Richard Willingale

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We present a detailed X-ray spectral analysis of Cas A using a deep exposure from the EPIC-MOS cameras on-board XMM-Newton. Spectral fitting was performed on a 15×15 grid of 20 ′′ × 20 ′′ pixels using a two component non-equilibrium ionisation model (NEI) giving maps of ionisation age, temperature, interstellar column density, abundances for Ne, Mg, Si, S,(More)
We have developed a technique for analysing blood plasma using MALDI-MS with subsequent data analysis to identify significant and specific differences between heart failure (HF) patients and healthy individuals. A training dataset comprising 100 HF patients and 100 healthy individuals was used to search for biomarkers (m/z range 1000-10,000). EWP cartridges(More)
Membrane domains rich in caveolin-3 overlie sarcomeric actin in skeletal muscle. The membrane exhibits a regular array of caveolin-3 immunofluorescence using confocal laser scanning microscopy (CLSM). Fourier analysis of tissue imaged by CLSM accurately defines a repeating intensity with a long-axis spacing of 1.48 microm confirmed by measurement of direct(More)
Gamma-ray bursts (GRBs) come in two classes: long (> 2 s), soft-spectrum bursts and short, hard events. Most progress has been made on understanding the long GRBs, which are typically observed at high redshift (z approximately 1) and found in subluminous star-forming host galaxies. They are likely to be produced in core-collapse explosions of massive stars.(More)
We present the first results on the hard X-ray continuum image (up to 15 keV) of the supernova remnant Cas A measured with the EPIC cameras onboard XMM-Newton. The data indicate that the hard X-ray tail, observed previously, that extends to energies above 100 keV does not originate in localised regions, like the bright X-ray knots and filaments or the(More)
The study of the early high-energy emission from both long and short Gamma-ray bursts has been revolutionized by the Swift mission. The rapid response of Swift shows that the non-thermal X-ray emission transitions smoothly from the prompt phase into a decaying phase whatever the details of the light curve. The decay is often categorized by a(More)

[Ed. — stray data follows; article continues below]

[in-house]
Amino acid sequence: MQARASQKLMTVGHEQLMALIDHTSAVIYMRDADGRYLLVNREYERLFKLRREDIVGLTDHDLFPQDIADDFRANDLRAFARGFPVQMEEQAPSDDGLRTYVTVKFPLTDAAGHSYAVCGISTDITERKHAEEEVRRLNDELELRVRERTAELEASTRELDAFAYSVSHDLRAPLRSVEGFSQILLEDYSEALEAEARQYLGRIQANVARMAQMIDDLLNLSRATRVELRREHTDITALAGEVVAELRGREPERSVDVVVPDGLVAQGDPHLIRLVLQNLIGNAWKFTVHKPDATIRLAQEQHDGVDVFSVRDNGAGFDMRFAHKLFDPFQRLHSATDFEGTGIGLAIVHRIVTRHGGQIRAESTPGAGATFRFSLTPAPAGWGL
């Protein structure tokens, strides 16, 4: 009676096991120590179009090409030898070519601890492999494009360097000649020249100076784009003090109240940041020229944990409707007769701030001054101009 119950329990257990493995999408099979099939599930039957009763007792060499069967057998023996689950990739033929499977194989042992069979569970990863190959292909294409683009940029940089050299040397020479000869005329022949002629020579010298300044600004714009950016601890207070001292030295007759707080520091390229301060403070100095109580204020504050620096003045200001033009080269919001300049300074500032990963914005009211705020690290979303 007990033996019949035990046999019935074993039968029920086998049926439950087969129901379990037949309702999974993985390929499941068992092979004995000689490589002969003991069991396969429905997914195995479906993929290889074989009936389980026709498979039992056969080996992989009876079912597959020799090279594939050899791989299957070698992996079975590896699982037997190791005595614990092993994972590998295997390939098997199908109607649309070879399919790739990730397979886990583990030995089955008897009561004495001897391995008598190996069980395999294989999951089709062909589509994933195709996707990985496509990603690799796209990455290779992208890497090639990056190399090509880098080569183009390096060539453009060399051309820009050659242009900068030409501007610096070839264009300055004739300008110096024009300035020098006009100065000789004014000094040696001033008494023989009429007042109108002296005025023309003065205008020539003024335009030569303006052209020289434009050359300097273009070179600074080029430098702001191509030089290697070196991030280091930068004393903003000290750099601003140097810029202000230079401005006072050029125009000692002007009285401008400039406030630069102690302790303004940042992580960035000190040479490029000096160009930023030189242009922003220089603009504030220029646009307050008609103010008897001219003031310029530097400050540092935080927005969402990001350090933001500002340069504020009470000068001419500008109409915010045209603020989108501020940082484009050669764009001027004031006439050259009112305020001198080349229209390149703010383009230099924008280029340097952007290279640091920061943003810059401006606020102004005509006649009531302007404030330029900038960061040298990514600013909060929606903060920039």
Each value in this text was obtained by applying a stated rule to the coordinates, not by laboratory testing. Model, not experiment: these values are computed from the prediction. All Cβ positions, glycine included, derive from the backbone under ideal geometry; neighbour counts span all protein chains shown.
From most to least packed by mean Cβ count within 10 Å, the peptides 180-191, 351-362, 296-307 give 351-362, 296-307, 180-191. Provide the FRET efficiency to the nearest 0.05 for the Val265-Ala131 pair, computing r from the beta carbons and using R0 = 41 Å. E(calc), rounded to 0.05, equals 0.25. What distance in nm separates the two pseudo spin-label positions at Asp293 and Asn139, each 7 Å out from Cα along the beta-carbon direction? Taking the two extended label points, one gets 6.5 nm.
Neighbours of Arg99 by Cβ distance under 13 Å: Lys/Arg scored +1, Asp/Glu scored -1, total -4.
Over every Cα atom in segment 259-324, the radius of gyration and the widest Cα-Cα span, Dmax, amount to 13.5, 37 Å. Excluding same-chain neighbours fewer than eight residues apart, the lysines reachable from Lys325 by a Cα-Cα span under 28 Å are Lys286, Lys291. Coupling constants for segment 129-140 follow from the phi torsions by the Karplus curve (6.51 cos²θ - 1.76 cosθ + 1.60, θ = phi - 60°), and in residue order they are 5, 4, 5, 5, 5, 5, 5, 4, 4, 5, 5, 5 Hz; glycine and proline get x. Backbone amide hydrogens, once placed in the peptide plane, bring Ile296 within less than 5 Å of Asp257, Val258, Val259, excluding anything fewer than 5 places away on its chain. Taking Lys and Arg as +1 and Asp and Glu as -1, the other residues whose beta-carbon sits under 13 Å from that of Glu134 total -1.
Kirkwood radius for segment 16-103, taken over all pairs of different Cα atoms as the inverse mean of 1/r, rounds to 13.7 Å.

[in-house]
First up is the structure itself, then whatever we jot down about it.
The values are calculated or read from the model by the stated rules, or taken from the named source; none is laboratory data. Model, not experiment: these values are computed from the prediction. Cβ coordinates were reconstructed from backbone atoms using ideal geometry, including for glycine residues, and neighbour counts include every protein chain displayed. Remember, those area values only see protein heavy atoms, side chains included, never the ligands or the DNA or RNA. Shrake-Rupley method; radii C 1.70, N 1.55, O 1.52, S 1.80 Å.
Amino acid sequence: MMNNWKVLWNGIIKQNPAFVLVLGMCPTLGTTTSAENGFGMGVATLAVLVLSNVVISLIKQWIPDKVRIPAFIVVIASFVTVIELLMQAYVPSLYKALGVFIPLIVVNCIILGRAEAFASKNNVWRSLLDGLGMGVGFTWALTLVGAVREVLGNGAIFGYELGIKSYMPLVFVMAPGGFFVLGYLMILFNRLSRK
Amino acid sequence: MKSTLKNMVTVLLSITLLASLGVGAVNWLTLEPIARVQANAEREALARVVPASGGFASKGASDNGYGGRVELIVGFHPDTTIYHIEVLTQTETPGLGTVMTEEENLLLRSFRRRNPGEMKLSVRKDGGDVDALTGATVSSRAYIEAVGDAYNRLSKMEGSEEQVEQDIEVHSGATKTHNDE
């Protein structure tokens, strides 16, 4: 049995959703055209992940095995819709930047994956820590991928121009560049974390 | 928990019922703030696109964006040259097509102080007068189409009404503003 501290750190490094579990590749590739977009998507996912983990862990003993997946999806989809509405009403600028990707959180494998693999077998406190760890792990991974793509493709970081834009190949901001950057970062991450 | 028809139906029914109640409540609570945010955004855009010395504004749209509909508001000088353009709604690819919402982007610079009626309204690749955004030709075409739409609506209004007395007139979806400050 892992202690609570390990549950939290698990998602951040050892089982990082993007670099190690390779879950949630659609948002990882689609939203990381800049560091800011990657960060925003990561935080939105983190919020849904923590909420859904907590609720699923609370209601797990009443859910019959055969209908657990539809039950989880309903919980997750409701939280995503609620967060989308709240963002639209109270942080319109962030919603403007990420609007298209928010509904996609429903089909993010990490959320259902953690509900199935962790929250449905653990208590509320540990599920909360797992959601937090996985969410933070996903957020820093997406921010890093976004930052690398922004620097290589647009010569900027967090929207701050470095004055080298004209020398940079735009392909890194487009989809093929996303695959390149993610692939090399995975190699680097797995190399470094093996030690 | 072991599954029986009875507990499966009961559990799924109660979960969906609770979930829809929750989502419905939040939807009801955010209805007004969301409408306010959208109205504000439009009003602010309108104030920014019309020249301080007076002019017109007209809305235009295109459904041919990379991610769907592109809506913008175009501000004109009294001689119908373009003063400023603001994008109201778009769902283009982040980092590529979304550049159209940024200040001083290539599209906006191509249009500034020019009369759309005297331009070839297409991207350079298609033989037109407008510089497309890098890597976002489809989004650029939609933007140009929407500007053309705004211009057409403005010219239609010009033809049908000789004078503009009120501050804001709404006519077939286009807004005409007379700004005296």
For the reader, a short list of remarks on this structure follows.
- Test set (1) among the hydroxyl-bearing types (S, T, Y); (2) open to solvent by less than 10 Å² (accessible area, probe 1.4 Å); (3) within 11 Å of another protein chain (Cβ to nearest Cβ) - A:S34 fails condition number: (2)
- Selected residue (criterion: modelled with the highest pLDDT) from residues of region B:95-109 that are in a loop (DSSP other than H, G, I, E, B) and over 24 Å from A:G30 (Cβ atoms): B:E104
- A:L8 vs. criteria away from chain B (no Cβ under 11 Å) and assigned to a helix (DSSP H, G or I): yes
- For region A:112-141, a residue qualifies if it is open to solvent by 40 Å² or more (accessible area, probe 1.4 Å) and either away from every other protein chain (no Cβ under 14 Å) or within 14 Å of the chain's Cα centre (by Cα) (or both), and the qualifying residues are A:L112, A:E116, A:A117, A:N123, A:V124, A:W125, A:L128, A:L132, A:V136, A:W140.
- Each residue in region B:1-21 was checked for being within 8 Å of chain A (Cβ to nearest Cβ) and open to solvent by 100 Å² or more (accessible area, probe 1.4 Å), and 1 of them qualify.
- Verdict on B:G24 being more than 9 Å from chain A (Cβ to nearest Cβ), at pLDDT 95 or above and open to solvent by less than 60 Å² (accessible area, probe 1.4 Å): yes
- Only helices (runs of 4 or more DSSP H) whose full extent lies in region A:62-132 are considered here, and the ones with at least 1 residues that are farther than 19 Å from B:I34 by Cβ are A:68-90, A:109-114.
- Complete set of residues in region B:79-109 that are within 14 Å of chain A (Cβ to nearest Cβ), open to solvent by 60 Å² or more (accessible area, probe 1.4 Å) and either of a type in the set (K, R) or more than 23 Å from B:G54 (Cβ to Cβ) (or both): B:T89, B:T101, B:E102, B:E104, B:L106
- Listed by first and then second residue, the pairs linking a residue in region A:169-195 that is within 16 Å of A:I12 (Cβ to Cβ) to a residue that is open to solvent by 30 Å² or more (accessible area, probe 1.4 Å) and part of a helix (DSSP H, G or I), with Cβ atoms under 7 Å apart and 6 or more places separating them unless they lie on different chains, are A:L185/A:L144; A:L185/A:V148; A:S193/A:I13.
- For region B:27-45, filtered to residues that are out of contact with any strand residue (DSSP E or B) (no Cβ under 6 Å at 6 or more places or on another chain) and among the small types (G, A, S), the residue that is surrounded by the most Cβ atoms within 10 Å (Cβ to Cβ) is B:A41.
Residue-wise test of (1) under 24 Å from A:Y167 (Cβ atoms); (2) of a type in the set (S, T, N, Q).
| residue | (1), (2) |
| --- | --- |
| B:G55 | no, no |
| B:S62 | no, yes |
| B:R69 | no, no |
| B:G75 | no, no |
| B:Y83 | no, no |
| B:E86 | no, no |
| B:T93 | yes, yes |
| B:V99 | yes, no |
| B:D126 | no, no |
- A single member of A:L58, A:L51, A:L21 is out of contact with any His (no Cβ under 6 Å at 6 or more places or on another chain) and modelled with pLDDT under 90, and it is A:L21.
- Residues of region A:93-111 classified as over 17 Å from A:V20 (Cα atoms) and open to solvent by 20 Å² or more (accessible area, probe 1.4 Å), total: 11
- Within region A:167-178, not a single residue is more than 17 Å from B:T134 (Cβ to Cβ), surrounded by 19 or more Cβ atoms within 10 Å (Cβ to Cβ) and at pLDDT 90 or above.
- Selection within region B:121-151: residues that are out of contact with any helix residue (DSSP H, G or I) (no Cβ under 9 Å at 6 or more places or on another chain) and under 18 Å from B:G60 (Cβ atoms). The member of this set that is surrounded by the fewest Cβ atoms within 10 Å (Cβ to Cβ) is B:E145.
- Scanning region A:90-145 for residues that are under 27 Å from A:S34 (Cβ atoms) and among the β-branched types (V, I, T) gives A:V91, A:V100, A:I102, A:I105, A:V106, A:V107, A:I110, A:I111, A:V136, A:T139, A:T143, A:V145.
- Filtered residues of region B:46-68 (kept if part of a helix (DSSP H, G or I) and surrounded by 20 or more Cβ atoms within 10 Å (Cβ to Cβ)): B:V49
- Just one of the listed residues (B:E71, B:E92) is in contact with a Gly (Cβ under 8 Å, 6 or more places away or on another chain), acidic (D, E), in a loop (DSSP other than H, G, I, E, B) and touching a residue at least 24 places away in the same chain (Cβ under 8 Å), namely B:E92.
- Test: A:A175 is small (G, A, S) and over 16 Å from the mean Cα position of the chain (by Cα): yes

Long-duration gamma-ray bursts (GRBs) are thought to result from the explosions of certain massive stars, and some are bright enough that they should be observable out to redshifts of z > 20 using current technology. Hitherto, the highest redshift measured for any object was z = 6.96, for a Lyman-alpha emitting galaxy. Here we report that GRB 090423 lies at(More)
We present an analysis of early Burst Alert Telescope and X-ray Telescope data for 107 gamma-ray bursts (GRBs) observed by the Swift satellite. We use these data to examine the behaviour of the X-ray light curve and propose a classification scheme for GRBs based on this behaviour. As found for previous smaller samples, the earliest X-ray light curve can be(More)
The long burst GRB 050717 was observed simultaneously by the Burst Alert Telescope (BAT) on Swift and the Konus instrument on Wind. Significant hard to soft spectral evolution was seen. Early gamma-ray and X-ray emission was detected by both BAT and the X-Ray Telescope (XRT) on Swift. The XRT continued to observe the burst for 7.1 days and detect it for 1.4(More)
We show that all X-ray decay curves of GRBs measured by Swift can be fitted using one or two components both of which have exactly the same functional form comprised of an early falling exponential phase followed by a power law decay. The 1st component contains the prompt γ-ray emission and the initial X-ray decay. The 2nd component appears later, has a(More)